(Reuters) - Warren Buffett's Berkshire Hathaway Inc will put $10 billion (£7.7 billion) behind Occidental Petroleum Corp's bid as it tries to see off competition from Chevron Corp to buy smaller rival Anadarko Petroleum Corp.
Occidental and Chevron Corp are locked in the biggest oil-industry takeover in years as they eye Anadarko's prized assets in West Texas' huge Permian shale oil field.
Anadarko on Monday agreed to start negotiations with Occidental on its $38 billion cash-and-stock bid, compared with Chevron's offer of $33 billion.
Analysts said Buffett's seal of approval supports Occidental's push to get the deal done but comes at a high cost.
Berkshire's preferred stock will accrue dividends at 8 percent per annum, compared with about 5 percent yield on common equity and 4 percent on term debt, Tudor Pickering Holt analyst Matthew Portillo said.
Berkshire Hathaway will get 100,000 preferred shares and a warrant to purchase up to 80 million shares of Occidental at $62.50 apiece in a private offering.
"For Occidental shareholder, our view is this is a fairly expensive cost of financing for the transaction even though it carries a kind of nice headline of having Berkshire Hathaway participate in the potential financing here."
Shares of Occidental were down 3.9 percent at $57.76, while those in Anadarko were down about 1.6 percent at $71.71. Chevron shares were up 3.5 percent at $121.81.
Under the terms of the merger agreement, Chevron has four days after being notified by Anadarko's board to respond with a counter-offer. If Anadarko proceeds with a sale to Occidental, it will have to pay Chevron a $1 billion deal breakup fee.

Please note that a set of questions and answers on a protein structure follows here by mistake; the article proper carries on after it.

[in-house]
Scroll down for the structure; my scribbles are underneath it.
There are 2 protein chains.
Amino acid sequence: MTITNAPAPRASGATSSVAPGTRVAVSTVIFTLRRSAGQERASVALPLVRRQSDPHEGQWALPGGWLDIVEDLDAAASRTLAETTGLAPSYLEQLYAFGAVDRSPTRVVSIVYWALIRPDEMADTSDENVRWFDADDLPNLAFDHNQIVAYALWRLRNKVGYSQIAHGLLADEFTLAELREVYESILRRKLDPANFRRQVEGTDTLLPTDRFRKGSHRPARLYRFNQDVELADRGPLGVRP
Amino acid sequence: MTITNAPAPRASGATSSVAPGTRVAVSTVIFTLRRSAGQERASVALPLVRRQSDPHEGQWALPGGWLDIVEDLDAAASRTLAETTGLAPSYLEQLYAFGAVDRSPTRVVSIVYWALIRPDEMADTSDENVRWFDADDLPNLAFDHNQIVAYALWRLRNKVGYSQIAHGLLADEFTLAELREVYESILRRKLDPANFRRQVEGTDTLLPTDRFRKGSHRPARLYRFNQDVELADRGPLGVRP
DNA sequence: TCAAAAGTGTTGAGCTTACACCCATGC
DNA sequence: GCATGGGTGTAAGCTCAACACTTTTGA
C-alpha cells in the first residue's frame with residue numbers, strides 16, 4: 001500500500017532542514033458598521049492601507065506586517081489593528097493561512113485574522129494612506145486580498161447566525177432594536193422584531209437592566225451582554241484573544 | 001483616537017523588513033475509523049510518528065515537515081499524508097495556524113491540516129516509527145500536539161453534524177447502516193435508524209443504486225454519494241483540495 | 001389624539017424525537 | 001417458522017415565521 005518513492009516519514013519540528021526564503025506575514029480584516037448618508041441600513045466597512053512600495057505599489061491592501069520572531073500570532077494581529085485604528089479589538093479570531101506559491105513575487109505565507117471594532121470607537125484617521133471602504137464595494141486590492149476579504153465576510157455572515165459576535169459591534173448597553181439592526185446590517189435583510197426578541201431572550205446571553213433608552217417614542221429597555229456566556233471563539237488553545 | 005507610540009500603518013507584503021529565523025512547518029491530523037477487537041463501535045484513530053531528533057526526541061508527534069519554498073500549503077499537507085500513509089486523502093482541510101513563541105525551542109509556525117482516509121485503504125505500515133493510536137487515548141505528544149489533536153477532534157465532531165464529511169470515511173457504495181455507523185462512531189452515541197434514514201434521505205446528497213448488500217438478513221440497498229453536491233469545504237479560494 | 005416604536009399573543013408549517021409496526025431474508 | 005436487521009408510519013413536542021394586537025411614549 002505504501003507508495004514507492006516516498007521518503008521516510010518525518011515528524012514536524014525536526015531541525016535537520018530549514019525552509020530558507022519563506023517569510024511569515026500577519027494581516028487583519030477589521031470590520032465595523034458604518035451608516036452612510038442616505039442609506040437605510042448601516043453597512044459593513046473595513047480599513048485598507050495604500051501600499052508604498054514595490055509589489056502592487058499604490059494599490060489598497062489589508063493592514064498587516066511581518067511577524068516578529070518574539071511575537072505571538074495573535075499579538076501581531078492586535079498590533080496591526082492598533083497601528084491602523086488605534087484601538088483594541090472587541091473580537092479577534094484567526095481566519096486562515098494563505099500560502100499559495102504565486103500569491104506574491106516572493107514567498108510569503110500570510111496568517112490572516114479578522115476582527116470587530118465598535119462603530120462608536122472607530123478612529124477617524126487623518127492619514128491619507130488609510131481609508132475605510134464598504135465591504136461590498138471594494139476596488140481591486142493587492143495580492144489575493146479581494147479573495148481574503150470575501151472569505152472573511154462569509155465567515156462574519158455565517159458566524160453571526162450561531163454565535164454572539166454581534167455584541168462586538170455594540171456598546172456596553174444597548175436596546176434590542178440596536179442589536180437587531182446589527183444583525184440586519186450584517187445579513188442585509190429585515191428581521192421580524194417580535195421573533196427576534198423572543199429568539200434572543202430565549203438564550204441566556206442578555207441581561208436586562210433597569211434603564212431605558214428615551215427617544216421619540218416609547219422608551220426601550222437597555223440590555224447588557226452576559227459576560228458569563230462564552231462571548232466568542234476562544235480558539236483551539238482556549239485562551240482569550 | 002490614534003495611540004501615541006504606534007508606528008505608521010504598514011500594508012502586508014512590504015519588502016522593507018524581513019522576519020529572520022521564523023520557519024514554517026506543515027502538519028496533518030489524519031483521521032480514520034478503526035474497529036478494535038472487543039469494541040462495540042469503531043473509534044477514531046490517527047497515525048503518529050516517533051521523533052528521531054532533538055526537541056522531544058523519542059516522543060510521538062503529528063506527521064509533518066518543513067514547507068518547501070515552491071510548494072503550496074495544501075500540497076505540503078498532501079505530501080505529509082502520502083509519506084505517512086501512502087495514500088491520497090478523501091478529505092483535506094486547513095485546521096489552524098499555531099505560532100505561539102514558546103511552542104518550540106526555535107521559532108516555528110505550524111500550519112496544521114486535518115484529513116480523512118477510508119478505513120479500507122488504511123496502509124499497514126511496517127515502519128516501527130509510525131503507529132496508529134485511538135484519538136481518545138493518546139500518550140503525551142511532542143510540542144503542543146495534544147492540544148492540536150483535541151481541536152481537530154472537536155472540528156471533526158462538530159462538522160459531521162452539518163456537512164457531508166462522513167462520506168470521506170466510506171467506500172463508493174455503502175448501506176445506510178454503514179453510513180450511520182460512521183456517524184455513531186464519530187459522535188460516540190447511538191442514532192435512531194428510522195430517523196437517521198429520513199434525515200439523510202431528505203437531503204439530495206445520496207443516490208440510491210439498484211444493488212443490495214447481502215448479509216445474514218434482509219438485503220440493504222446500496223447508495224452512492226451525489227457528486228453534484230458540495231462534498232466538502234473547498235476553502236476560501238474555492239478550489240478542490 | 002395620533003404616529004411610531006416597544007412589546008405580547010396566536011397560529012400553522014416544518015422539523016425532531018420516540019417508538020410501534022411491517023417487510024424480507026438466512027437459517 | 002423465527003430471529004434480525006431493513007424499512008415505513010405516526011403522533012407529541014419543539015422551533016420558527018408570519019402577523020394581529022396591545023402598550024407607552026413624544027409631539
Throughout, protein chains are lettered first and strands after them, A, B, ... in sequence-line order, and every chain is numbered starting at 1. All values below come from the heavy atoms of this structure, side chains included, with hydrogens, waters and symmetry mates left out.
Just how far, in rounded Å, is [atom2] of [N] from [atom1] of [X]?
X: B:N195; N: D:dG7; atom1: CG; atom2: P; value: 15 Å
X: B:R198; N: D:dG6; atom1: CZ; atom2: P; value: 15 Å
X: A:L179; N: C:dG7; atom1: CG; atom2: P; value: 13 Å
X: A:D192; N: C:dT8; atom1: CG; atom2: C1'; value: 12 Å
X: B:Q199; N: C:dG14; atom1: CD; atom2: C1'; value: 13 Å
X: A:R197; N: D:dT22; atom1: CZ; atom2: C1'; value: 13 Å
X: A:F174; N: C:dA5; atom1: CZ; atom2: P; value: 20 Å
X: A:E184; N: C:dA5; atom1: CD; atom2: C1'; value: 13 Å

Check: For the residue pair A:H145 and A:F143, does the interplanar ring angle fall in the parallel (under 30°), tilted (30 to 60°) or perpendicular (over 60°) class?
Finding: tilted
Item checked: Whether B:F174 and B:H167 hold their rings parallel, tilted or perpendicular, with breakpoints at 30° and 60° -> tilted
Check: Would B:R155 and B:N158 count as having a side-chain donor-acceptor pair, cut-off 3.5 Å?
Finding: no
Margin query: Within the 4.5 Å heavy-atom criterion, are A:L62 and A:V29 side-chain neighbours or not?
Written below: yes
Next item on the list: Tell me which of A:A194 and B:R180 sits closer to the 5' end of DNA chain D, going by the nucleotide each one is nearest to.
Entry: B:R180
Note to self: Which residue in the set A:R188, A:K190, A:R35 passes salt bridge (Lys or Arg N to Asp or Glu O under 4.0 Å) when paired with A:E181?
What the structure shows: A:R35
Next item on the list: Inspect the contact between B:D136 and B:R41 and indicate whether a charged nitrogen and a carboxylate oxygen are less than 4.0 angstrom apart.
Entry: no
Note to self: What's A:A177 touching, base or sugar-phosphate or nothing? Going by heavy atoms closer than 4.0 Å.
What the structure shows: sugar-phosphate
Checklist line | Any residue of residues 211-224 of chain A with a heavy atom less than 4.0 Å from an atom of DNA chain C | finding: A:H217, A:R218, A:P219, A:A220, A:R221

Occidental and Chevron, two of the largest oil and gas producers in the Permian by production volumes, argue they can best squeeze more oil from Anadarko's 240,000 acres in the area.
The two companies control land adjacent to Anadarko's properties and expect a deal will add deposits that can produce supplies for decades using low-cost drilling techniques.
Berkshire's backing for Occidental's bid comes after analysts' and investors widely perceived Anadarko's return to negotiation as a breakthrough in Occidental Chief Executive Vicki Hollub's two-year effort to buy the company.
Berkshire's investment is contingent upon Occidental entering into a deal with Anadarko and completing the proposed acquisition.
(Reporting by Arathy S Nair in Bengaluru; Editing by Saumyadeb Chakrabarty and Shinjini Ganguli)